People across the United States have learned the harsh realities of prescription medication economics. And we’ve started taking drastic actions to get our costs down.
In its April 2018 article, How to Pay Less for Your Meds,¹ Consumer Reports shared these statistics from a survey of 1,200 people who experienced increased prescription costs within 12 months of the survey:
- 45% spent less on entertainment and dining out
- 32% spent less on groceries
- 32% spent less on family
- 31% used a credit card more often
- 21% delayed paying other bills
- 12% put off retirement to keep their insurance
- 8% took a second job
When it came to actual treatment and the purchase of medication, the survey found that:
- 30% of respondents didn’t fill a high-cost prescription
- 27% skipped a medical procedure altogether
- 26% delayed seeing the doctor
- 20% substituted the high-cost medication with a supplement, an over-the-counter medication, or a non-drug treatment
- 18% took expired medication
- 16% didn’t take the medication as often as instructed
- 15% used a pill splitter to cut their pills, without a doctor’s approval
In a world of longer lives and medical conditions requiring treatment becoming the rule rather than the exception, prescriptions have become a necessity for staying healthy. So how do we balance the need for medications with the need to eat and pay the bills?
- Ask your doctor which meds you really need. Surprisingly, many times you’ll find a drug you can do without. In a 2017 survey of more than 1,000 adults with prescription costs, Consumer Reports found that 70 percent of respondents were able to eliminate at least one of their prescriptions.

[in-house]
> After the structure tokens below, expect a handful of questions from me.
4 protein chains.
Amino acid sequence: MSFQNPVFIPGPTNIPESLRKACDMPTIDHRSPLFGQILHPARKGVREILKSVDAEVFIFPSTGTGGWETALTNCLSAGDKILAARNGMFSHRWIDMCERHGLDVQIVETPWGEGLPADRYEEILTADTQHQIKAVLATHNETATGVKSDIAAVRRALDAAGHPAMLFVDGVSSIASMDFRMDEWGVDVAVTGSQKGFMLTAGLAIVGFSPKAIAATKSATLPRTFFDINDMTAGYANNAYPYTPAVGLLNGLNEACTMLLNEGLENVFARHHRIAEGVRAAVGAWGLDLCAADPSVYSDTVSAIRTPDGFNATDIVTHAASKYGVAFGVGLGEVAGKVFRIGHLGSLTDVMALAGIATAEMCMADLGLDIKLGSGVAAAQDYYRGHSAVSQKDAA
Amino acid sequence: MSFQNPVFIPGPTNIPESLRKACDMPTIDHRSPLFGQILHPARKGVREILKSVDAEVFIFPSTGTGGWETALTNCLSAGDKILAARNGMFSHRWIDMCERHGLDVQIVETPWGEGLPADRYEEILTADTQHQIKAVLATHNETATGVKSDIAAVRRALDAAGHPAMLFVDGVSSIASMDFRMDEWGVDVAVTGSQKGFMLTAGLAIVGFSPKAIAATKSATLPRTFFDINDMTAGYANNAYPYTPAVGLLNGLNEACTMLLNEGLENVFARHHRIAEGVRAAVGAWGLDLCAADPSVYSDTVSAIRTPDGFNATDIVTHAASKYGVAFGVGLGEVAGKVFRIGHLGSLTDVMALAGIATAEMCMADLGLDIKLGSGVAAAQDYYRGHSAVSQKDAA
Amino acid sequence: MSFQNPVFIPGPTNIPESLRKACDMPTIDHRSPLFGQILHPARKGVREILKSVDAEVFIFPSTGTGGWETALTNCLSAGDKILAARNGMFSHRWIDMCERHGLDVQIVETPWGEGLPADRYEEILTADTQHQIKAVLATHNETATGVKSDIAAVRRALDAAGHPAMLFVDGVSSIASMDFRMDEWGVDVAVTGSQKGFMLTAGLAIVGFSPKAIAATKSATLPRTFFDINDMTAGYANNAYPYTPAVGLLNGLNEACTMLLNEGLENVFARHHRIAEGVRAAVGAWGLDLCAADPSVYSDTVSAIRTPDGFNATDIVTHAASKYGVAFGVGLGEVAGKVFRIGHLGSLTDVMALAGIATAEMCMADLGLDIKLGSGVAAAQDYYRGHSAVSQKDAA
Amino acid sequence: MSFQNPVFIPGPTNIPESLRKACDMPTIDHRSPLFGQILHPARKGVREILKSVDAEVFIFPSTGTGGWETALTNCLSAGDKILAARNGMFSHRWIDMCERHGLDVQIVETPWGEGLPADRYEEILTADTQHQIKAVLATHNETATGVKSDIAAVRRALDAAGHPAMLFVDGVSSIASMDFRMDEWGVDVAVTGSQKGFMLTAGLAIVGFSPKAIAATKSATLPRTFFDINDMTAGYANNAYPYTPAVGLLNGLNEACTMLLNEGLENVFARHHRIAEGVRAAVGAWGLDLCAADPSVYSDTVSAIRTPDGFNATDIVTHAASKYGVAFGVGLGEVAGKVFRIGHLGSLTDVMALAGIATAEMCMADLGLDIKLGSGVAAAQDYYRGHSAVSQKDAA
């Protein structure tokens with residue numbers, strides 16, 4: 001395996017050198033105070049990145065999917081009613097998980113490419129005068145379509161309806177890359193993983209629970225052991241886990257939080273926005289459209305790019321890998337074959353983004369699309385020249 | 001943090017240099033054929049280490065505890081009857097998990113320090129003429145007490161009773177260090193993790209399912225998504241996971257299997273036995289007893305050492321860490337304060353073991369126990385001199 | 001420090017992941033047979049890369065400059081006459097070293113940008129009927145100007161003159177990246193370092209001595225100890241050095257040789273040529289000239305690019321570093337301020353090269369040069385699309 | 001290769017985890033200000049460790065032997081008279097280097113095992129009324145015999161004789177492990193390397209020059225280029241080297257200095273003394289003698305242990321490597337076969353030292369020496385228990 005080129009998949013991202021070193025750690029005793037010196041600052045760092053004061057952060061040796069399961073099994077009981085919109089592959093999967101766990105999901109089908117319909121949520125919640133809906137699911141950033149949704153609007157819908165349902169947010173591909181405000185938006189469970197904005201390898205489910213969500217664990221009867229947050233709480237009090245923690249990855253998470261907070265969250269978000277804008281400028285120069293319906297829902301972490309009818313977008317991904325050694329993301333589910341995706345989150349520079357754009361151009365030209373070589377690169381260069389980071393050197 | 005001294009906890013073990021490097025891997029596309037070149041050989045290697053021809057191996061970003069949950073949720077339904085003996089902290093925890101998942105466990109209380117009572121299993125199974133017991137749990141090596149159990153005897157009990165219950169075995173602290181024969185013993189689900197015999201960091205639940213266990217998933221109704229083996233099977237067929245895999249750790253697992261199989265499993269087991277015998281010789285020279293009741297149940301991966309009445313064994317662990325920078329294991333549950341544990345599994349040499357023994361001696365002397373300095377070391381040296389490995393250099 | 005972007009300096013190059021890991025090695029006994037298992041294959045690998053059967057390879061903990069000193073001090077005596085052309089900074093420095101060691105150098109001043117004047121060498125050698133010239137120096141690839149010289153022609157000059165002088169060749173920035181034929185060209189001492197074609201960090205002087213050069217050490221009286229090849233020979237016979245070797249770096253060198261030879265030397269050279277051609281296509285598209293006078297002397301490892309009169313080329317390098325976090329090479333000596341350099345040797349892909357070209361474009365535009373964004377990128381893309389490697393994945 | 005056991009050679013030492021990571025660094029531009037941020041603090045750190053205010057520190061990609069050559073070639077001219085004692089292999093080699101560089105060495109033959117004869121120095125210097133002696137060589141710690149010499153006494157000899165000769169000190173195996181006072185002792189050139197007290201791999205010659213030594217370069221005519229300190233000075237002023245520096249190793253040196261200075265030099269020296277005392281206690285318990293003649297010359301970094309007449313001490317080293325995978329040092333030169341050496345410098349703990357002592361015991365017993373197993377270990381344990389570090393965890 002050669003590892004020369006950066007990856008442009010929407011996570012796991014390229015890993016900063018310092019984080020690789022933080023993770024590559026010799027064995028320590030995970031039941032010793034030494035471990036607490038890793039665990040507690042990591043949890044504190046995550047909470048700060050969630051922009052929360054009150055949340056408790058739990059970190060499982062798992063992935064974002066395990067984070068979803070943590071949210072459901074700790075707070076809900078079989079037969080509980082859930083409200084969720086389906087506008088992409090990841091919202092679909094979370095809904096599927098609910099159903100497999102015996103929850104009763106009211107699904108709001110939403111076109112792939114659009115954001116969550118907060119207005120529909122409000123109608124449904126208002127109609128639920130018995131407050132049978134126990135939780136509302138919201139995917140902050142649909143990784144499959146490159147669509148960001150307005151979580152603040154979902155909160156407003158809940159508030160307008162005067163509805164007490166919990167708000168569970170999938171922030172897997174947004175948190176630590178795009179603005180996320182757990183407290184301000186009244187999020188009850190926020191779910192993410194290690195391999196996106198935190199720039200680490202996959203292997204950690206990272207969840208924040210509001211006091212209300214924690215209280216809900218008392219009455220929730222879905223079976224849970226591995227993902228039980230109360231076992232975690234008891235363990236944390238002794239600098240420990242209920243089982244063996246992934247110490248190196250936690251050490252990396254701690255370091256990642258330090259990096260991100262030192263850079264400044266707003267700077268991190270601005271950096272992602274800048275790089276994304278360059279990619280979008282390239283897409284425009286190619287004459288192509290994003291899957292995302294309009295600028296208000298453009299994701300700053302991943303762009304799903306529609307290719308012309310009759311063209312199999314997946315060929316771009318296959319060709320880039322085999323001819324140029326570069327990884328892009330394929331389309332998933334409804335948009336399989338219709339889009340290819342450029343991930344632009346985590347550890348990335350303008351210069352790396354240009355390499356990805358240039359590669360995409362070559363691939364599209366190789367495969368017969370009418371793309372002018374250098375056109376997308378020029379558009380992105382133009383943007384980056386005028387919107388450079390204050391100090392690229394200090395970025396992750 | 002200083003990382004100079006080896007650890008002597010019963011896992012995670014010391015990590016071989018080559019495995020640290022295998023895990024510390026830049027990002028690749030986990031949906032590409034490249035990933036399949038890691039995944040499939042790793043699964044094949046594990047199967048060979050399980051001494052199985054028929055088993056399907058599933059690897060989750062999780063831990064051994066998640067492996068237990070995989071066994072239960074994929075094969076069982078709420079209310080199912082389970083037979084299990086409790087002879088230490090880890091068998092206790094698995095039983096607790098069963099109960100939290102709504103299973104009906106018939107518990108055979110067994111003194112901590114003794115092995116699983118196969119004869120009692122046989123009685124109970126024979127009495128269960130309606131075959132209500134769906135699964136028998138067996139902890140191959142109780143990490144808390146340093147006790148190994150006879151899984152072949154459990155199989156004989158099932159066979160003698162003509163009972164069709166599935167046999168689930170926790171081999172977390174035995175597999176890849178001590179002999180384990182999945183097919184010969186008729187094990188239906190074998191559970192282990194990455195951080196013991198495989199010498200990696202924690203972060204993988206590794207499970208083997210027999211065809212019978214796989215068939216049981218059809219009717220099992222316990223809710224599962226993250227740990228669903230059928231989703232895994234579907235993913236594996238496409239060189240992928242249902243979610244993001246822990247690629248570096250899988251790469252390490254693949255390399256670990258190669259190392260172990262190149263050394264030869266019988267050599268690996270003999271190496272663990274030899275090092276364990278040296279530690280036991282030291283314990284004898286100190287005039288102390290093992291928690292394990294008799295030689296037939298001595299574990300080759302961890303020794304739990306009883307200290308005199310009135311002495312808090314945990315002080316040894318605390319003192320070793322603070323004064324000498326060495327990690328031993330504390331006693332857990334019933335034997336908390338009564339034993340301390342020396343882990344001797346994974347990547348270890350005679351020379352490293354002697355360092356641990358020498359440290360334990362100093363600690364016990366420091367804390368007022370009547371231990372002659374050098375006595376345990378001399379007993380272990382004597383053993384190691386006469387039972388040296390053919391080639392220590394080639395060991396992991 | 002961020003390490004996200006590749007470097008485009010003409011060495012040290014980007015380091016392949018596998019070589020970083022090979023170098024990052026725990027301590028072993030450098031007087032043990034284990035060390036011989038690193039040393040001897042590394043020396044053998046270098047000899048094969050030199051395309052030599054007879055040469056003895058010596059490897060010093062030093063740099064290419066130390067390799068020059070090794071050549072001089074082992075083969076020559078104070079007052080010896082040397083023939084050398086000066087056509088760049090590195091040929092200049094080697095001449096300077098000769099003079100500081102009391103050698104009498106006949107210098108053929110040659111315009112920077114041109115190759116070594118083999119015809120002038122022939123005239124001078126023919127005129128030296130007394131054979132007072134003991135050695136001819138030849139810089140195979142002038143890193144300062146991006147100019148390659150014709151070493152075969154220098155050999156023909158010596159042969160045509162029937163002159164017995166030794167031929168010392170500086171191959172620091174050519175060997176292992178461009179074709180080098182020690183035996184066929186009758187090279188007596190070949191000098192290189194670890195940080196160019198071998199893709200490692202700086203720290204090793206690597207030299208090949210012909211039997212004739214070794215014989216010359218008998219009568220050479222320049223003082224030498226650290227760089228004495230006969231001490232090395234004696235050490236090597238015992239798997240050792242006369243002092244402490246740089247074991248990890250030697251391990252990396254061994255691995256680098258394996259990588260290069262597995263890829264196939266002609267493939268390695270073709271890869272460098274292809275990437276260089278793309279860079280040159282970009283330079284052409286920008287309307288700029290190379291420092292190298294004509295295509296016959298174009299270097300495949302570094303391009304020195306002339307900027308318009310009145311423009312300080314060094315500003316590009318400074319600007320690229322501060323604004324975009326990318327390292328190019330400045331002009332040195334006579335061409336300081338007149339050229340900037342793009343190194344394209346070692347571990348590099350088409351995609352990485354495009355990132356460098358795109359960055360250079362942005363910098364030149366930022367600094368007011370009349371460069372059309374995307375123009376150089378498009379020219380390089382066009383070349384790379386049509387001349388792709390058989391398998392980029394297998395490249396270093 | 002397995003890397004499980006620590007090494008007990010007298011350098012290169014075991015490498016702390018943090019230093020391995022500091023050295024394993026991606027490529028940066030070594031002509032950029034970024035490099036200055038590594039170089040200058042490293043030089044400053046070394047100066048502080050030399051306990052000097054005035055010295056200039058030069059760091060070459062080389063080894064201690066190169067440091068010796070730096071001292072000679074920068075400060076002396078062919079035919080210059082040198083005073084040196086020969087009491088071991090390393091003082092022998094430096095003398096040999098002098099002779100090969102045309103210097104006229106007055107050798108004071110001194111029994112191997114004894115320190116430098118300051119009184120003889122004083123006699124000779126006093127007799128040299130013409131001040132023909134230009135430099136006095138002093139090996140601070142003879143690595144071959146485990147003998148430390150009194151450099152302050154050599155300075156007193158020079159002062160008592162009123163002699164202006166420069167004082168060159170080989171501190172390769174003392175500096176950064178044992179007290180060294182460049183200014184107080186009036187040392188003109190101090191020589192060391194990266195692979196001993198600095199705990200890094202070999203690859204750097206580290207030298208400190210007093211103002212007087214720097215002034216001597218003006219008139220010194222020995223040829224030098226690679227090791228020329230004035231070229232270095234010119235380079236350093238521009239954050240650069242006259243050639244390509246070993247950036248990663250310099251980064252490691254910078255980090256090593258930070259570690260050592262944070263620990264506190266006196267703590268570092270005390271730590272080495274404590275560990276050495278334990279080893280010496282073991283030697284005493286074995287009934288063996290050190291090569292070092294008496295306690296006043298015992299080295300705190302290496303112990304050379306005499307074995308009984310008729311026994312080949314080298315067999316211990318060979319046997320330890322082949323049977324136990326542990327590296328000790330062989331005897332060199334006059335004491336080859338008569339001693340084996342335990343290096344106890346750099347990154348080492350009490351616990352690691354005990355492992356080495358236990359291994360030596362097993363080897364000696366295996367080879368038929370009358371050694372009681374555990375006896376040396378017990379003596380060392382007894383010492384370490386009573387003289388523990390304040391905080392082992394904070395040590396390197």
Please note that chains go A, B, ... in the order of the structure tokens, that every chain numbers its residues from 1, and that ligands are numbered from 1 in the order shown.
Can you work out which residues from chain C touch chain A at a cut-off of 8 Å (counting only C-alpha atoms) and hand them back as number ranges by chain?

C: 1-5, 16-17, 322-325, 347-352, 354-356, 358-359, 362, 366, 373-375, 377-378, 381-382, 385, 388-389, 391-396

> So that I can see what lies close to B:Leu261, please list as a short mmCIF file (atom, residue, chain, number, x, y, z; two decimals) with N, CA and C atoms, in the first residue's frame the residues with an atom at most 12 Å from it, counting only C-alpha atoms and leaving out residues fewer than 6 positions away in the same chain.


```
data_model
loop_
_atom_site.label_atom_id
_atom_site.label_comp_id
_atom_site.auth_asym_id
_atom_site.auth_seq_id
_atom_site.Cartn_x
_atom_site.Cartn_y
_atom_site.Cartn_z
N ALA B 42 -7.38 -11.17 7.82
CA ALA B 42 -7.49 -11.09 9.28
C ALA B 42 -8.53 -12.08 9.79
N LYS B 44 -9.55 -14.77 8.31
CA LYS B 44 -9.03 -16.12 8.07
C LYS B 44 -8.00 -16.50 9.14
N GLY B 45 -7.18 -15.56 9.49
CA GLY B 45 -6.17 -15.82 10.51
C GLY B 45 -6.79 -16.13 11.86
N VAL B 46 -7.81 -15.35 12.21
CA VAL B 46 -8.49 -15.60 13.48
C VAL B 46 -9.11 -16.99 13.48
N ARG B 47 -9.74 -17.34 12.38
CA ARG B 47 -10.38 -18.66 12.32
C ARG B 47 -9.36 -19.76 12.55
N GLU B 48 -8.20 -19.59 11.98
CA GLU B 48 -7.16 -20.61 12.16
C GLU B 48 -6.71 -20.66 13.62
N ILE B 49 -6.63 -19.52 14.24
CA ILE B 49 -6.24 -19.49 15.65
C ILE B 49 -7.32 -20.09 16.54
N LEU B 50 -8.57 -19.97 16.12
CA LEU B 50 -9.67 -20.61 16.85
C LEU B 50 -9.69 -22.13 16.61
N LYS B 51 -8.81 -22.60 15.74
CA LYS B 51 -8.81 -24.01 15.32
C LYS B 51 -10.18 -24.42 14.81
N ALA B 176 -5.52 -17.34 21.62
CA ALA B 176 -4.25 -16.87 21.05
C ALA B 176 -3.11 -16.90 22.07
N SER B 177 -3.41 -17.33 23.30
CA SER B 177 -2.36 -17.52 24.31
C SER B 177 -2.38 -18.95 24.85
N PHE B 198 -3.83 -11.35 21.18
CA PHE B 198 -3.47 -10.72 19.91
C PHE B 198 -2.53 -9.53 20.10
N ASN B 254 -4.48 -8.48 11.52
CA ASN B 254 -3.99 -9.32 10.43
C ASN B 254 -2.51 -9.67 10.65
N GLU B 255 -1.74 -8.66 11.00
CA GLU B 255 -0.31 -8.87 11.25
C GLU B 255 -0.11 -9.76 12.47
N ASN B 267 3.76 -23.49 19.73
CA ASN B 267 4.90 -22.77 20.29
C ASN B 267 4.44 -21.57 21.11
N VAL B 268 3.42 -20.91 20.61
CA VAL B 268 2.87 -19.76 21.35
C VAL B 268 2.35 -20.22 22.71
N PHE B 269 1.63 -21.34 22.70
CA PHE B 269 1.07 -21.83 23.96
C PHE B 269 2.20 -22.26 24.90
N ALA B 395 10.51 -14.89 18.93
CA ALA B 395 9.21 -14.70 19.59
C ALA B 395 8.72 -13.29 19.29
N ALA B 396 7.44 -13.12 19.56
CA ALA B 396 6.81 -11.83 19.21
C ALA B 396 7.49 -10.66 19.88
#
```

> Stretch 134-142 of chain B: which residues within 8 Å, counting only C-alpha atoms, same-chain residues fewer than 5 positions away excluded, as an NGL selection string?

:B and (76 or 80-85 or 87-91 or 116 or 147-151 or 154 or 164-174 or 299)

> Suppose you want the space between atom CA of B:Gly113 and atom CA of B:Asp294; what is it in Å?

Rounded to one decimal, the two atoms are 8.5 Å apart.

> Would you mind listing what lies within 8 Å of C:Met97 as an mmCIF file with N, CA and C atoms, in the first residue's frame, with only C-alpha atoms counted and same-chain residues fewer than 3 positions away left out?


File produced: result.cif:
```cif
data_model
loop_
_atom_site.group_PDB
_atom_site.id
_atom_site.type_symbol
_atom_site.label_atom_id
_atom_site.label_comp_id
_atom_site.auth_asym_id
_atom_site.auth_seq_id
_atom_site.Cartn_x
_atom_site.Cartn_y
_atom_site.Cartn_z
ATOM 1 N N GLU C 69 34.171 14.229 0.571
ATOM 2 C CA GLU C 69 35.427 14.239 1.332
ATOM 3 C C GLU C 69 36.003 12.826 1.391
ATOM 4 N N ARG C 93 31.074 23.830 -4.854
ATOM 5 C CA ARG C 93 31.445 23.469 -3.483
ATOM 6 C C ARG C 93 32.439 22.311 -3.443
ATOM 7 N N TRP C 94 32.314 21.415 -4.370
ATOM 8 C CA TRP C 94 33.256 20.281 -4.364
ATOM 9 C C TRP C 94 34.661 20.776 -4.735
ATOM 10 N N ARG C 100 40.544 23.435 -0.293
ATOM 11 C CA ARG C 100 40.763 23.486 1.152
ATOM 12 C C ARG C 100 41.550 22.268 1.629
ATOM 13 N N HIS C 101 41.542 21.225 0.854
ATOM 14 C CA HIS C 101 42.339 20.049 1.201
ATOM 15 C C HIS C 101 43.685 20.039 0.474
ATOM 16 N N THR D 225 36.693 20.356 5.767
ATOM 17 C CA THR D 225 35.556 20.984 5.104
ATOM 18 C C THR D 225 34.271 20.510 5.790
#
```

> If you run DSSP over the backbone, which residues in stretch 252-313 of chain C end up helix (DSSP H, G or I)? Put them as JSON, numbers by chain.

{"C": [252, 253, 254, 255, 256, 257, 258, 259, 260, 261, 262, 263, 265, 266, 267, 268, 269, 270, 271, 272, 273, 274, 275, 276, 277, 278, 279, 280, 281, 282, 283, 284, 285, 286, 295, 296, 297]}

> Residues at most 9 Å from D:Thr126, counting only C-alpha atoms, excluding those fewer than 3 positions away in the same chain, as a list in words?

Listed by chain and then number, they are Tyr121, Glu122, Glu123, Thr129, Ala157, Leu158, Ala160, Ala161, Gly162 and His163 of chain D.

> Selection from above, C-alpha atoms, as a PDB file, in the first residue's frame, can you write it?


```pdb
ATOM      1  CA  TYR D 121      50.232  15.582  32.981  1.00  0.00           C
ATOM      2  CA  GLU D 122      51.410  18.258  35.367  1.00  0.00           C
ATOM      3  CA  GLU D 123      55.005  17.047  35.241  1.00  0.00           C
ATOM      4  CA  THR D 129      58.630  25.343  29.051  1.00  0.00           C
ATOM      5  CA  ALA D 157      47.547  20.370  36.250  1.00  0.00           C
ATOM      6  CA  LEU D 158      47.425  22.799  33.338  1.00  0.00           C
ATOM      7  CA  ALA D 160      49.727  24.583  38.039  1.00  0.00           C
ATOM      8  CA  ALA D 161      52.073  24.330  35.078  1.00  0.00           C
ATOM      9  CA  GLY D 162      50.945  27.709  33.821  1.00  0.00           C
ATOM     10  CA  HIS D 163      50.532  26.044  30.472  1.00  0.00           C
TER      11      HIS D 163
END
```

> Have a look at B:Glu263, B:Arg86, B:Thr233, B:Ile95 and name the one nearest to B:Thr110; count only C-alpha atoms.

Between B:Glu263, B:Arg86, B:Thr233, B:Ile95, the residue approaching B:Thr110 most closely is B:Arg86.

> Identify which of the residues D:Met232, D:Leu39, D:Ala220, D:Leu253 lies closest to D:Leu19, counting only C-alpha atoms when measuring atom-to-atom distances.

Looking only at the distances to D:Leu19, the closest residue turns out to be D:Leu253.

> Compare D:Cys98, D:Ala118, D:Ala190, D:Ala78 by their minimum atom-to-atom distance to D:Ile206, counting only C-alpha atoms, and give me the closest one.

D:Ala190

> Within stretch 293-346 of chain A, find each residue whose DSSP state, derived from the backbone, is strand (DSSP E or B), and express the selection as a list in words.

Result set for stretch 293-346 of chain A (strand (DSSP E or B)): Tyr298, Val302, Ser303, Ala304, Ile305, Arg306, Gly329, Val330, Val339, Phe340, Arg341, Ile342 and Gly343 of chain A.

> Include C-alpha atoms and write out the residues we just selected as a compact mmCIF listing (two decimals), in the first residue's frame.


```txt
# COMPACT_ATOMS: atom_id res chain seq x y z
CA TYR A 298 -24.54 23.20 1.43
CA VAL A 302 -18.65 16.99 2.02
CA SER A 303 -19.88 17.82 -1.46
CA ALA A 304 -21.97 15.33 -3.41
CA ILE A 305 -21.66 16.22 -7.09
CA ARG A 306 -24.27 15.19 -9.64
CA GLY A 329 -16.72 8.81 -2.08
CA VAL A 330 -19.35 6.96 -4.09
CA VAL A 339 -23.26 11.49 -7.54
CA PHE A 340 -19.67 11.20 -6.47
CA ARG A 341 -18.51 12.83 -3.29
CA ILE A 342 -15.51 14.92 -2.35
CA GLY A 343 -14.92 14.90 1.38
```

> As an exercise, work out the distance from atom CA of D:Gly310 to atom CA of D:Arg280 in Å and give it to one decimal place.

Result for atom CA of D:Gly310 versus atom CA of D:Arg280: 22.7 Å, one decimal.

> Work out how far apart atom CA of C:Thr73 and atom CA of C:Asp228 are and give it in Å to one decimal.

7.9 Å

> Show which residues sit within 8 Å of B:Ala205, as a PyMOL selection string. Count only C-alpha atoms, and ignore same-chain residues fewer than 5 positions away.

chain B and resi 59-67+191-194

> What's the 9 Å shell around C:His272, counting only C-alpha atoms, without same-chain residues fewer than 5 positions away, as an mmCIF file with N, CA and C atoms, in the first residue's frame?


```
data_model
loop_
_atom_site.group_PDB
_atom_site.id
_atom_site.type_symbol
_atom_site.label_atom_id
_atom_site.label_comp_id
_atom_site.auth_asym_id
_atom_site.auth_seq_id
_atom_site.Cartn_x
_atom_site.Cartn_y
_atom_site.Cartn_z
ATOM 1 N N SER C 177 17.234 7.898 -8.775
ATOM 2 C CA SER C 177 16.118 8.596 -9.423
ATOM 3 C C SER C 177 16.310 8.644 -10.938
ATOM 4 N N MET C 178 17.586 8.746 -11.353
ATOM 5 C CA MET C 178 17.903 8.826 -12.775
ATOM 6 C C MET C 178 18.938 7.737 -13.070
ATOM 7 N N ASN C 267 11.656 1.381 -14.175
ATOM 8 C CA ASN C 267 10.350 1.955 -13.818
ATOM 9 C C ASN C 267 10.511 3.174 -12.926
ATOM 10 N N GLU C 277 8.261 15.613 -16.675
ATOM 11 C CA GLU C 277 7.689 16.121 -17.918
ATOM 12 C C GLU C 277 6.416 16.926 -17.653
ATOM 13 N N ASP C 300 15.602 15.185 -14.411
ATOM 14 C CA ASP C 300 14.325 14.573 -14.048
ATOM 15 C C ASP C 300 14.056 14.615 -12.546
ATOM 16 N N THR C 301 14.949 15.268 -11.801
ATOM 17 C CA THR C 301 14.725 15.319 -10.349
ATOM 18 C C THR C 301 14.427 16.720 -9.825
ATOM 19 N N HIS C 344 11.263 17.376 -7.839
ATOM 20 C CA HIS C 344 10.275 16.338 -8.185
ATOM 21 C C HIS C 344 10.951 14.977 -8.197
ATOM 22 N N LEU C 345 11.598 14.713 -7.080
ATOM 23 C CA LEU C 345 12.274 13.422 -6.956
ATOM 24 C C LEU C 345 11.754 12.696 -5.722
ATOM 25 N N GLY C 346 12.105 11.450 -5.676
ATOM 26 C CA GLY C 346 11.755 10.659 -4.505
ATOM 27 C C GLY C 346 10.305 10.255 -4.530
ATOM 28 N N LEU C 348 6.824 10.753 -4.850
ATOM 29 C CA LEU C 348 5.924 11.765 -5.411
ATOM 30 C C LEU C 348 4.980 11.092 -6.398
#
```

- Ask if cheaper alternatives exist. Doctors tend to default to certain medications out of habit, but can often prescribe cheaper, equally effective drugs.
- Check into 90-day supplies. Buying a three-month supply of your medication will usually save you at least a couple of dollars, sometimes much more.
- Ask your pharmacist for the best price. This is a big one. Contracts with pharmacy benefits managers (PBMs) frequently restrict pharmacists from sharing this kind of information with you unless you ask.
In her November 2017 report for NBC 26 in Green Bay, WI², reporter Mallory Sofastaii explains that PBMs work as middlemen, negotiating drug costs with manufacturers, then negotiating a selling price to insurers. They also dictate what they will reimburse a pharmacy for that drug. All three prices may be different.
The PBMs pocket the clawback, the difference between their selling price and what you pay for the prescription.
Asking pharmacists for the best price and how to get it releases them from the restrictions of any confidentiality agreements with the PBMs.
And finally, always shop around.
- Prescription prices can vary by hundreds of dollars from place to place.
1. Gill, Lisa L., How to Pay Less for Your Meds, Consumer Reports, April 2018.
2. Mallory Sofastaii, NBC 26, Green Bay, WI, November 20, 2017.
About the Author
Nathan graduated from the Professional Writing Program at the University of Oklahoma with a Bachelor of Arts in Journalism and a minor in history. He earned his Master’s of Business Administration from Webster University. While working in newspaper, his stories appeared regularly above the fold and appeared on the AP Western Wire and in the Multiple Sclerosis Organization’s magazine.